Wild Honey, W1S 2FB
- 12 St George Street, W1S 2FB
Wild Honey was a modern European restaurant in Mayfair; it has now closed.
The information below is retained for historical purposes.
It's located in the old Drones club, which is a listed building. You can eat at the bar as well as at a table, which can be handy if you like lunching on your own. Tables are around the edge of the long, thin space, with tall banquette seating against the wall, and a variety of table sizes, broken up by discreet partitions. In the centre of the room are the cheeses, laid out in all their glory under a transparent lid.
Food is modern European, and very similar to that at Arbutus, with a similar set lunch and pre-theatre dinner menu (on which they are happy to substitute vegetarian options — the portions are just a little smaller than the a la carte) photo of menu in May 2009.
For Ewan's lunch in May 2009, the waiter took our orders and soon offered bread to start. They also happily brought out a carafe of tap water. I started with seasonal English asparagus with what was billed as soft poached egg and herb vinaigrette, though presented as rather more of a sauce-like base, with delicately herby leaves draped over it; in any case, the asparagus were immaculately cooked (£10) photo. My friend had the farinette of English snails, with garlic and pancetta, along with a lightly braised polenta-type accompaniment (£9.50) photo.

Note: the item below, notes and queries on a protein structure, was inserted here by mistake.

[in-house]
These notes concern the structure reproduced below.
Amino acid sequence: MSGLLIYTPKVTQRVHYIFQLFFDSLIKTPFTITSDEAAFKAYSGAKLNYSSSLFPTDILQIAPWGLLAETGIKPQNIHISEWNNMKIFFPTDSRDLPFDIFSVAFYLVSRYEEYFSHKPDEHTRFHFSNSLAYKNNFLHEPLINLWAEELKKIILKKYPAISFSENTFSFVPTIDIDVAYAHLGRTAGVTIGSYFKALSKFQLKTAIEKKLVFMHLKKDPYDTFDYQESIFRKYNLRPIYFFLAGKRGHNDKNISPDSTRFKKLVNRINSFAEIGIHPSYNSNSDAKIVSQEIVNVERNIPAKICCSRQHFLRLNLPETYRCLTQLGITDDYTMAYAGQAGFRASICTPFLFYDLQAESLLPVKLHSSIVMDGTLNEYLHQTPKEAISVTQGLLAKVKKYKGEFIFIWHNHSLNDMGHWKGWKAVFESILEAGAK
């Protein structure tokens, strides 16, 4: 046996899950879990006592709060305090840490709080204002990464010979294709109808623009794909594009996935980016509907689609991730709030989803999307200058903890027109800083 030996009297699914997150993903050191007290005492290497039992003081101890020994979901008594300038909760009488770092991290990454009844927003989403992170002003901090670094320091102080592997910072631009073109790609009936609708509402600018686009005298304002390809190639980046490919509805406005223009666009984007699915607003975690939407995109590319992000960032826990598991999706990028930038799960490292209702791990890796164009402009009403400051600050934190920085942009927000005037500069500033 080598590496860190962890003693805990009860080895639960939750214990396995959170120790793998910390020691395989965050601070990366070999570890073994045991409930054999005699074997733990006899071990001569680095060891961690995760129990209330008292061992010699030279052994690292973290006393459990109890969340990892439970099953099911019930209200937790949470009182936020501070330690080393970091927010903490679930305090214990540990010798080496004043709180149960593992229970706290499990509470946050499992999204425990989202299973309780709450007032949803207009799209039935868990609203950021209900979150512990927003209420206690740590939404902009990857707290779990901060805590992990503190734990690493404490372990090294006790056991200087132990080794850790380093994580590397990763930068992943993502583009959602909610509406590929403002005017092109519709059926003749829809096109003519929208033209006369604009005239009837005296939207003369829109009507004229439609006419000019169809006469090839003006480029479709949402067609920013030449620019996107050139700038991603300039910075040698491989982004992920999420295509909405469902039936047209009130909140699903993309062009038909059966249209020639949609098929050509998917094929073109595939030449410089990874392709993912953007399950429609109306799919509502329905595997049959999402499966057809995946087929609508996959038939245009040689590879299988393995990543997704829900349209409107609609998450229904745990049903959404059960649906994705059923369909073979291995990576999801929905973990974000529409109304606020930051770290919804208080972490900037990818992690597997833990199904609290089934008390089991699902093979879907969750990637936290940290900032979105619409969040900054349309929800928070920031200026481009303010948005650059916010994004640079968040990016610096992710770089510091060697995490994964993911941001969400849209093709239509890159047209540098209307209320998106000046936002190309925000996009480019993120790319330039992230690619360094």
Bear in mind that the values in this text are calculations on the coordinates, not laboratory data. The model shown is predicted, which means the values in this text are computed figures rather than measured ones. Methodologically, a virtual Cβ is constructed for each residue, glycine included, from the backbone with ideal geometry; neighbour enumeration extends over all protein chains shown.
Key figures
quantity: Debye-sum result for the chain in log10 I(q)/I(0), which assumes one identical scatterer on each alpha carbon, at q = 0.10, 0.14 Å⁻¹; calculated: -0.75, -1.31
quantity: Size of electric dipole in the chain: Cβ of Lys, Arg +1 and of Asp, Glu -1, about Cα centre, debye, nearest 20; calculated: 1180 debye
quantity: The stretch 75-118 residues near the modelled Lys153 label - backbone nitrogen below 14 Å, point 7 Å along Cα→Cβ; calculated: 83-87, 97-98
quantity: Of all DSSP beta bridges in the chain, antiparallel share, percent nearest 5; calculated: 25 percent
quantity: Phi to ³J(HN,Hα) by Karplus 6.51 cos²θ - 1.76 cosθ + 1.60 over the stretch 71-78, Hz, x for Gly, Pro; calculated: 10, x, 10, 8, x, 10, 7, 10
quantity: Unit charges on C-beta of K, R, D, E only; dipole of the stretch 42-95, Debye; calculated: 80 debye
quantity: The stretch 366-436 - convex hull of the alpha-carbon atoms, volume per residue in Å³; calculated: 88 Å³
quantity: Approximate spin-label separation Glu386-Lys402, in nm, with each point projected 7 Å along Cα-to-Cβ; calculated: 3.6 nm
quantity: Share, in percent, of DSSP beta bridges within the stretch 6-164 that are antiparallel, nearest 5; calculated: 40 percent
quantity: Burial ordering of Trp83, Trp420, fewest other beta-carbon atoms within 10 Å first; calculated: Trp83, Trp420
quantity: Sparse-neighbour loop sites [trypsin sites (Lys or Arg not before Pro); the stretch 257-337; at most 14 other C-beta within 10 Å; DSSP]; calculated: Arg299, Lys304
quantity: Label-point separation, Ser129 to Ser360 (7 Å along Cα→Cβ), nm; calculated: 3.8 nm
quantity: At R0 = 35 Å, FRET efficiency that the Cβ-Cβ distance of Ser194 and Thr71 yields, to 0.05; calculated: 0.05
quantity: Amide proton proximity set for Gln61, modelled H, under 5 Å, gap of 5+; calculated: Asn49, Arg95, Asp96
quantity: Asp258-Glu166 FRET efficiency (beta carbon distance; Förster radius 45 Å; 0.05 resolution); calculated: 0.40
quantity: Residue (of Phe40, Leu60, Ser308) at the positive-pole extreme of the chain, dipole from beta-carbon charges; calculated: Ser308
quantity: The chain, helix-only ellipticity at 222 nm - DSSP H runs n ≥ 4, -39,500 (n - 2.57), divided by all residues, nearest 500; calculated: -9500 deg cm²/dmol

My main was a perfect risotto of market vegetables, with marjoram and Parmesan cheese grated on top (£14). In the centre was a dollop of a mousse-like avocado which slowly melted and suffused into the risotto, all most pleasing photo. My friend had line-caught cod accompanied by a razor clam filled with chick peas and chorizo, and a parsley sauce (£17) photo. This was well received, and she singled out the chick peas as excellent, having not previously considered these as something she might enjoy.
To finish, we went for a cheese selection to share and were given the option of having the waiter select them, or picking some out ourselves, which we ended up doing. Having selected them, they prepared our choices onto a plate with crackers and grapes (we were asked if we'd like some bread as well, which we declined). Cheeses were listed as £3.25 each, and portions were a good size photo.
For drinks we selected a carafe of red wine to start, and then followed with some white, which we asked the waiter to recommend as accompaniment for the fish. 250ml carafes are priced proportional to the bottle price, which certainly encourages trying different wines. The wine we chose were all excellent quality.
Kake, bob, and Ryan visited on a Monday evening in July 2008. On booking for 7pm, we were told that they'd want the table back at 9pm. We didn't feel too rushed overall, but we did note that our mains arrived almost immediately we'd finished our starters. The food was fine, and the cheeseboard was good. However, Kake didn't feel the atmosphere was entirely comfortable, possibly because our table was right next to the spot where the waitstaff hover in between tasks, and so perhaps wouldn't hurry back - though this sort of feeling is of course a very subjective thing, and I mention it merely as a single data point.
- Kake's photos of the breakfast and lunch menus as of December 2007
- Interior photos by Purple Cloud on Flickr: 1, 2
- The Guardian review (Matthew Norman)
- Time Out review
- Chowhound thread
- Another Chowhound thread
- eGullet thread
- Andy Hayler's review
- An Australian Eats In London review
- Bellaphon's review
- Cooking The Books review
- Cook Sister review
- The Food Judge review
- Gastrogeek review
- Gluttonous Sins review
- John Whiting's review
- London Eater review
- Owlfish's review
- A Rather Unusual Chinaman review
- Rocket & Squash review
- Yelp comments